the arrival

I arrive home, wipe my feet, pet Rudy, and sit down at my computer before heading upstairs to relieve Calvin’s nurse. It’s not quite four o’clock and for a few hours the sun has been melting the drifts and banks of snow that plague our town. Along the roadside the snow looks like decaying cinder block against streets scoured by sand and salt.

After sitting for a bit Calvin’s nurse shouts to me from his bedroom. He’s having a seizure. Within seconds I’m at his bedside as she lowers its safety panel. He’s been napping. His lips are aubergine, his body still, his eyes glass. It's been years since he's had a seizure at this time of day. Today is day thirteen, he’s got a runny nose, the barometric pressure is low and the full moon arrives tomorrow; the perfect storm has arrived.

When the seizure is over, it takes him a while to fall back to sleep; he always sleeps for at least an hour right after one. His blue eyes remain vacant and half-mast, and their blinking and shifting make me wonder if he has slipped back into another one. I ask his nurse to bring me the bottle of cannabis oil. She runs it up and with her help I squeeze three drops into his mouth. As she heads back down the stairs to leave I tell her that I love her, and she smiles knowingly.

I’m keeping vigil as he sleeps. Like a cherub, his lips are carmine, his cheeks chubby and pink and his arms frame his face above his head making him look like a cameo. He rests on a pillowcase printed with a colorful woodcut of the world that Nick gave him. I study the fish and the boat and the gull, all of which I’m fairly certain Calvin has never noticed—not the real ones either. I see the continents I’ve visited knowing Calvin will likely never step foot in them. I note the seas that I have crossed wondering if I’ll ever do so again. I regard the swirling waves that touch his fingers, which twitch like aftershocks in the wash of a quake.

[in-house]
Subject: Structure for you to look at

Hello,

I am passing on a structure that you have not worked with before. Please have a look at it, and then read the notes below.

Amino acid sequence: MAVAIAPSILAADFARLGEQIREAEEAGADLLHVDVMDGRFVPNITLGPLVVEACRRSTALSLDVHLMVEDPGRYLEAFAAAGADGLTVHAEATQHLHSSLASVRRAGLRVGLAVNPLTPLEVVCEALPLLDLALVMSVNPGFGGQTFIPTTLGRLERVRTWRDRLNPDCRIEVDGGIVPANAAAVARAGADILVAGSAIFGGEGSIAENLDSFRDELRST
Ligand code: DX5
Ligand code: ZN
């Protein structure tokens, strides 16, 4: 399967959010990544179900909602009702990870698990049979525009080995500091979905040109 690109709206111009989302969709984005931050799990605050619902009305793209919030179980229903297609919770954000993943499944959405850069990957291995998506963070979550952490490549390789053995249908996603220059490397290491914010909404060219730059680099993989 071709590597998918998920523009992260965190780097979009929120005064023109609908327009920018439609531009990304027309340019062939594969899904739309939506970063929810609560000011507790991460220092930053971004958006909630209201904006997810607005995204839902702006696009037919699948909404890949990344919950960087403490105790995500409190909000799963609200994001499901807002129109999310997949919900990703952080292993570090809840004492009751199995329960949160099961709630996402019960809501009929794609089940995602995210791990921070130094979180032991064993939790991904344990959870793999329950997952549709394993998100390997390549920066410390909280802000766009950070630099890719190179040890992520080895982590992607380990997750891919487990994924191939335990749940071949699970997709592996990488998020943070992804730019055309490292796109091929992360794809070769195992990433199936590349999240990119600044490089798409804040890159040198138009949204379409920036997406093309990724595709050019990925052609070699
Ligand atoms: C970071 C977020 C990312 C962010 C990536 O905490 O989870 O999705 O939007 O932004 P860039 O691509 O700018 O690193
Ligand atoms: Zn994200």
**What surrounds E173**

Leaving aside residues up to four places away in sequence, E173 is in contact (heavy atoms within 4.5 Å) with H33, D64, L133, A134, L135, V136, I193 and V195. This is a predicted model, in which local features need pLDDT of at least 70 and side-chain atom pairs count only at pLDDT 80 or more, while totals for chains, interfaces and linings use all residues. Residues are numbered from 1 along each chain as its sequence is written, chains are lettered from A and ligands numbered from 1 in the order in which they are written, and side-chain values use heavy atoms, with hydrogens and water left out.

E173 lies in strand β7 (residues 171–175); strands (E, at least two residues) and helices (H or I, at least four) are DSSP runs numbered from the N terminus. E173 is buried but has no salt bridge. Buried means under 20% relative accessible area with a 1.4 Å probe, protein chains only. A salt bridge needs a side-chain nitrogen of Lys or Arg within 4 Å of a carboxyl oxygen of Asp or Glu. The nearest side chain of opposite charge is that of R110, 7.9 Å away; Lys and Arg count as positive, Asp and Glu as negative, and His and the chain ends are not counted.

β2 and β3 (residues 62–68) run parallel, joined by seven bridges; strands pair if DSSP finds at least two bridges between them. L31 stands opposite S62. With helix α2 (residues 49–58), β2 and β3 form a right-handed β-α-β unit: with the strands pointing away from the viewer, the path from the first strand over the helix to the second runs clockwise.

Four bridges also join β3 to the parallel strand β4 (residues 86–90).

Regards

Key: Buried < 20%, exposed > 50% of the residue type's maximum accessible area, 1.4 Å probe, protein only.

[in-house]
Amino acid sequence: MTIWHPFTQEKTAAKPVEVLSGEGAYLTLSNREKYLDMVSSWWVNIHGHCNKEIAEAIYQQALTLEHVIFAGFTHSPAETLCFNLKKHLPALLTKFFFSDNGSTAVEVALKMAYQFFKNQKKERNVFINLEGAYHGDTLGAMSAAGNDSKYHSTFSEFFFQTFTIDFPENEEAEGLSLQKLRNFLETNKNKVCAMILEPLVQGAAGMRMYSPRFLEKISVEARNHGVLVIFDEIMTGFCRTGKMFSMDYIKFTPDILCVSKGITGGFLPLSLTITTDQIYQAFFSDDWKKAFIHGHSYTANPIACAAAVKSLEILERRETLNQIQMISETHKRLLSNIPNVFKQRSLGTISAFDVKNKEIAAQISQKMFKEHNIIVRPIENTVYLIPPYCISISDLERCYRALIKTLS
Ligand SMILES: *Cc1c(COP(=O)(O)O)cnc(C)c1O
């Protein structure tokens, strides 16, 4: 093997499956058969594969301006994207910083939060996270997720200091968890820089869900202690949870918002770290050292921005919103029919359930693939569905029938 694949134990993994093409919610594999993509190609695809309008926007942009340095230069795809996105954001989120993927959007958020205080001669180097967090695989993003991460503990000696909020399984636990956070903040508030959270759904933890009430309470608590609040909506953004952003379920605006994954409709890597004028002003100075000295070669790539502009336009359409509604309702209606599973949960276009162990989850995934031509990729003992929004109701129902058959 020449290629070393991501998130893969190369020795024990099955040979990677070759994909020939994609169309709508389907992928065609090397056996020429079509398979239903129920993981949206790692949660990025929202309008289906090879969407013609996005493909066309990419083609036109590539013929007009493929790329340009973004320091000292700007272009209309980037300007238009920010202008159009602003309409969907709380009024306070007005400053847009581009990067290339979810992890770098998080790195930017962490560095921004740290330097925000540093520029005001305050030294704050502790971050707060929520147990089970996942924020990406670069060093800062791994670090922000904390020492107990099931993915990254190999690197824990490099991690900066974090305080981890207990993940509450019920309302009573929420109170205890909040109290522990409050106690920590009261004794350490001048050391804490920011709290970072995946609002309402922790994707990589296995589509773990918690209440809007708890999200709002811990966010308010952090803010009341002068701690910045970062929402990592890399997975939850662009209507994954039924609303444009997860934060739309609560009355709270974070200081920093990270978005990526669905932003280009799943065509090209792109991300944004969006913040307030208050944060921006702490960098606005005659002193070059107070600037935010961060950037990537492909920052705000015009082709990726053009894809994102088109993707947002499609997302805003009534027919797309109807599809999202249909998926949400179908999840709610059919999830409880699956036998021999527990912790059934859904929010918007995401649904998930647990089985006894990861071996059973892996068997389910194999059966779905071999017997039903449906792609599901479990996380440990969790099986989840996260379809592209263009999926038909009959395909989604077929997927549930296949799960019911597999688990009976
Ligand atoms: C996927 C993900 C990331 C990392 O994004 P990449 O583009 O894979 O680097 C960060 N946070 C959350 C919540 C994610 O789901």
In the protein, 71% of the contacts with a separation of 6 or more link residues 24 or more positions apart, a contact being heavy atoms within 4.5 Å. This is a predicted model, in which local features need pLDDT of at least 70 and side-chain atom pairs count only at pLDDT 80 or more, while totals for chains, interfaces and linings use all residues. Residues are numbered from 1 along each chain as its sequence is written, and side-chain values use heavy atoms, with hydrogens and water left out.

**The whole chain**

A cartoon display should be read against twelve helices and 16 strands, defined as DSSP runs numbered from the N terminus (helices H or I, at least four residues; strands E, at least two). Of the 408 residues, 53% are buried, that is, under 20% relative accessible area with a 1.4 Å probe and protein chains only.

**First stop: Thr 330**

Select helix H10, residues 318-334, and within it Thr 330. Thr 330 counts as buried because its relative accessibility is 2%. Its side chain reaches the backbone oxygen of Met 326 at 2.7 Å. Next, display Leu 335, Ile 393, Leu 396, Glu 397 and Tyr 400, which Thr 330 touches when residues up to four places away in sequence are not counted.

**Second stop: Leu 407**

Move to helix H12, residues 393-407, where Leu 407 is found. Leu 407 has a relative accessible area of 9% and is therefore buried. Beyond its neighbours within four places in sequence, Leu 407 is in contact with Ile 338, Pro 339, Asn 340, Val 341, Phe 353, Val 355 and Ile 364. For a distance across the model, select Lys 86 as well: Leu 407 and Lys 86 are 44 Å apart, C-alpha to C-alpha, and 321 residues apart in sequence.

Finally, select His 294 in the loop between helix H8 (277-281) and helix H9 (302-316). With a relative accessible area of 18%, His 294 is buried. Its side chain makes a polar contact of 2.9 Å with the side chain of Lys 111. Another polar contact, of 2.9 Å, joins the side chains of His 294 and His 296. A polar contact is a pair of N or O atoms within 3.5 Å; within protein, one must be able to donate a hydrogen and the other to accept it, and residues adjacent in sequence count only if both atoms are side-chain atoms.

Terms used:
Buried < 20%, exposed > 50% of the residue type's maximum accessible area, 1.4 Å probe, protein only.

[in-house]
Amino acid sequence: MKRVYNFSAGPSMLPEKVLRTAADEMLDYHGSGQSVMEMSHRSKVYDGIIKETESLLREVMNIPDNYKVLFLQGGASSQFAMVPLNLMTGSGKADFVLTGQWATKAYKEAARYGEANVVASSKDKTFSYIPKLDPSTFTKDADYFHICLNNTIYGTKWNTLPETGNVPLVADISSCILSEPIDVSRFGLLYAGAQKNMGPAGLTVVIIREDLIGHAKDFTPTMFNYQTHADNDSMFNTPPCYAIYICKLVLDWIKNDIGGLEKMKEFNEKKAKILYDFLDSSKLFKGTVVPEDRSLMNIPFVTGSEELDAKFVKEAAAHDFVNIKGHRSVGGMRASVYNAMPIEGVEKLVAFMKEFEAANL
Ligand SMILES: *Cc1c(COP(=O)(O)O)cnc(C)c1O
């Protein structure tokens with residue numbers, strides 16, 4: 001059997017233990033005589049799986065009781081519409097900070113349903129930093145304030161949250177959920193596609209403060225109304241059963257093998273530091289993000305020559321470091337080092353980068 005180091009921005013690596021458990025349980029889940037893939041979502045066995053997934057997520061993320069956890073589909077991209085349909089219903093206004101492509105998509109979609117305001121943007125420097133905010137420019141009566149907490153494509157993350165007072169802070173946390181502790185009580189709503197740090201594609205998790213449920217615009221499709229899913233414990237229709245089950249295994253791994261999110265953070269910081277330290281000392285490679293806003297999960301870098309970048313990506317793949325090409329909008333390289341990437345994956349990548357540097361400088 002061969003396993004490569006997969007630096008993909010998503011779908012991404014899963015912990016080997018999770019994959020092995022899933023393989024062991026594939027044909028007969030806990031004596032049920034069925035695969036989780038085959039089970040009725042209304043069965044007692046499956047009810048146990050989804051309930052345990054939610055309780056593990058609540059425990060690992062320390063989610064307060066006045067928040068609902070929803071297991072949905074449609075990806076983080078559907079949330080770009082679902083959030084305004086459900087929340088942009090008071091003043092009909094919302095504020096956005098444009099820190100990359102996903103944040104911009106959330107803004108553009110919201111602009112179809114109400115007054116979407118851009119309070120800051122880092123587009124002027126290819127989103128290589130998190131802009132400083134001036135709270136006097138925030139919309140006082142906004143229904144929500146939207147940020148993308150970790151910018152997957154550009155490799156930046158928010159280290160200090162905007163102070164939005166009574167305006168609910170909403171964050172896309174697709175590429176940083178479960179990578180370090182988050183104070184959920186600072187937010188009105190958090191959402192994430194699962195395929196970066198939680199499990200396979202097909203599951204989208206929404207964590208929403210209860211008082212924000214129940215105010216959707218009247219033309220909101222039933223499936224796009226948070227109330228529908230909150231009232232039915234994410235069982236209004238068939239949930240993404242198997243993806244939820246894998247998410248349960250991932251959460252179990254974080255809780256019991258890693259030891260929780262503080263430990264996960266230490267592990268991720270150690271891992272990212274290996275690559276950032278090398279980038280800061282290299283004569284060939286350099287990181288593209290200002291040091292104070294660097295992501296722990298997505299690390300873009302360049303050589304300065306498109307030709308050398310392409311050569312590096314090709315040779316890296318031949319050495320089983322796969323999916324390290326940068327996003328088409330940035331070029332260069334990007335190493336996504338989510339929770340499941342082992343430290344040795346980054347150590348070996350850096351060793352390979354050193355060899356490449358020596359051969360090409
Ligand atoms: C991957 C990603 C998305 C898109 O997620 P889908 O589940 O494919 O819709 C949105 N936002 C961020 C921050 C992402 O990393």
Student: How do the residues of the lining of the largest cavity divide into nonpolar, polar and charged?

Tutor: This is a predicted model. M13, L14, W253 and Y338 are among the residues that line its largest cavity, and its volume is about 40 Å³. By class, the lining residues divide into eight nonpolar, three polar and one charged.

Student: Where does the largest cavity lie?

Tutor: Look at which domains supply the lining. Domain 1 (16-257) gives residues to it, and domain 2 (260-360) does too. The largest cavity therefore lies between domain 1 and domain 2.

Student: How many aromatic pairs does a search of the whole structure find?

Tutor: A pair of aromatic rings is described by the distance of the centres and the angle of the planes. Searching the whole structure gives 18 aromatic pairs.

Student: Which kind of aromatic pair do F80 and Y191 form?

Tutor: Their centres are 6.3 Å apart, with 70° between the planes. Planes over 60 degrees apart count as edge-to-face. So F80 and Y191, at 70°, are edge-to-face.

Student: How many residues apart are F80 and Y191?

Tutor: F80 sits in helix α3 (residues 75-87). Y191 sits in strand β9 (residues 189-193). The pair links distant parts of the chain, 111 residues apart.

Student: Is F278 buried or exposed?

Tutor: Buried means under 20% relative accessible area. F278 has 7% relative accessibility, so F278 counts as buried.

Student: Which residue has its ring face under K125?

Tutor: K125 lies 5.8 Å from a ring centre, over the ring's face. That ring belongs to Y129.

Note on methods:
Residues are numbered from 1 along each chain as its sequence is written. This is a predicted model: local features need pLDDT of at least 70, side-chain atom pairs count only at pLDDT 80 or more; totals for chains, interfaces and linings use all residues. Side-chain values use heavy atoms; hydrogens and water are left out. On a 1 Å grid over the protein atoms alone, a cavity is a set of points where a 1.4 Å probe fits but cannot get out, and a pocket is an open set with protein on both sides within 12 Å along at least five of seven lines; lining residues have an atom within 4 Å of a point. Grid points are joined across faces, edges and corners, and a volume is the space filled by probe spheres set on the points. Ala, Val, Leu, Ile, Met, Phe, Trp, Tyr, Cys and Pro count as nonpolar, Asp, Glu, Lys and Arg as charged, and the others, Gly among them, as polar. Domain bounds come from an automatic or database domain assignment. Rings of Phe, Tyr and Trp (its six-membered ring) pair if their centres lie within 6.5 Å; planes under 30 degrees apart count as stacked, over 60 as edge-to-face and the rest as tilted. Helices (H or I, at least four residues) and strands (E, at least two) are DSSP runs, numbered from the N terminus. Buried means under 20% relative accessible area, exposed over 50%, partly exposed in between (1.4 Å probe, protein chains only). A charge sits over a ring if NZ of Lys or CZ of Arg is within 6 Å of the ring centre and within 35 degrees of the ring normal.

Within minutes of giving Calvin drops of the cannabis oil he is fast asleep. His breathing is regular, his color good. We’ve made it this far, I think, considering what a long, difficult journey it has been, then I wonder if—and hope that—like this winter, we’ve been through the worst of it. At least for now we’re headed in the right direction.

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